Though Microsoft has paid out the fine, it is still negotiating with the commission regarding the deadline for compliance. Extensions have been given to Microsoft to comply with the settlement. Industry and legal experts in the European Union feel that Microsoft has minimal chances of succeeding in its appeal to reverse the decision because the decision has been “one of the most carefully formulated decisions in history.” Experts also feel that if Microsoft continues to delay enforcement further, it could nullify the ruling because the commission’s ruling will have no impact on the very distant future. In 2006 the EU Commission once again fined Microsoft $356 million for noncompliance with a mandate to disclose technology documents. Microsoft asserted that the order was unclear and that it had been trying to develop the documents. It plans to appeal the fine.
Other legal issues involving Microsoft’s post-U.S. antitrust case include the following:
In August 2003, a Chicago court ruling ordered Microsoft to pay $520 million in damages to the University of California and a private company (Eolas Technologies) on the basis of infringement of a patent by Microsoft’s Web browser. The patent relates to (partially) accessing and executing an embedded program object from the browser.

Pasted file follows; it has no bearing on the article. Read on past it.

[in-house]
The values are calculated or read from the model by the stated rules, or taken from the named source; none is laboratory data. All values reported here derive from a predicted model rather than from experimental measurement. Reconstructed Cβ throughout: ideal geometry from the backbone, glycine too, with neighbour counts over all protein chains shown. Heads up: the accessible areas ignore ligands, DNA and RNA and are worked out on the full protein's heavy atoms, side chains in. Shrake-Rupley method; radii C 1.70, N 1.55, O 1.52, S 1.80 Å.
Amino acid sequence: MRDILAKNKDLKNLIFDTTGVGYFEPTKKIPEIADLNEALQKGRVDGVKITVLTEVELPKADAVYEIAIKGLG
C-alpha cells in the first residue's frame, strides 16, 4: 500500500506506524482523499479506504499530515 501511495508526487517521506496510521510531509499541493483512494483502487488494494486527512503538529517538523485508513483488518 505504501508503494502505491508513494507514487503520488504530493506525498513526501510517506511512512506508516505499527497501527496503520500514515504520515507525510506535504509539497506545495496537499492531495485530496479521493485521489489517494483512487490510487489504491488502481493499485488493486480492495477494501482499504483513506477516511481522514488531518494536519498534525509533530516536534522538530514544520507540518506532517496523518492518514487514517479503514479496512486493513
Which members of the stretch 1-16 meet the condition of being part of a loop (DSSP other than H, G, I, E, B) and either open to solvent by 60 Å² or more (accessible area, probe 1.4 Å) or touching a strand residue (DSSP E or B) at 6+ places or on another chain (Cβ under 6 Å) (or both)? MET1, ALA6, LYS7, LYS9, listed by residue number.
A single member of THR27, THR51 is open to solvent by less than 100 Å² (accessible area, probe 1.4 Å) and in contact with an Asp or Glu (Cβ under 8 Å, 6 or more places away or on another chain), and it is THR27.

In December 2005, South Korea’s antitrust regulator fined Microsoft $32 million for violations of fair-trade regulations and ordered the company to remedy alleged unfair-trade practices. The ruling similar to the European Union’s ordered Microsoft to unbundle its media software from its operating system.
Gates stepped down as CEO in January 2000 and was replaced by Steve Ballmer. In 2008 Bill Gates will leave his full-time position at Microsoft to spend more time managing the Gates Foundation for charitable contributions. In 2006 Warren Buffet announced that he would be donating $37 billion to Bill Gates’s charitable foundation; it was thought to be the largest charitable gift ever in the United States. With most of its major legal battles resolved, Microsoft is turning its attention to its mission of developing new products.
Why has there been so much debate about the software industry and Bill Gates?
What legal and ethical issues in the Microsoft case relate to U.S. culture, and do these same issues extend to other countries that use Microsoft products?
Discuss Microsoft’s corporate culture with respect to the ethical and legal issues involved
Identify the types of power associated with each player in this case and discuss how and why each player is using these types of power. What are the potential ramifications of their actions?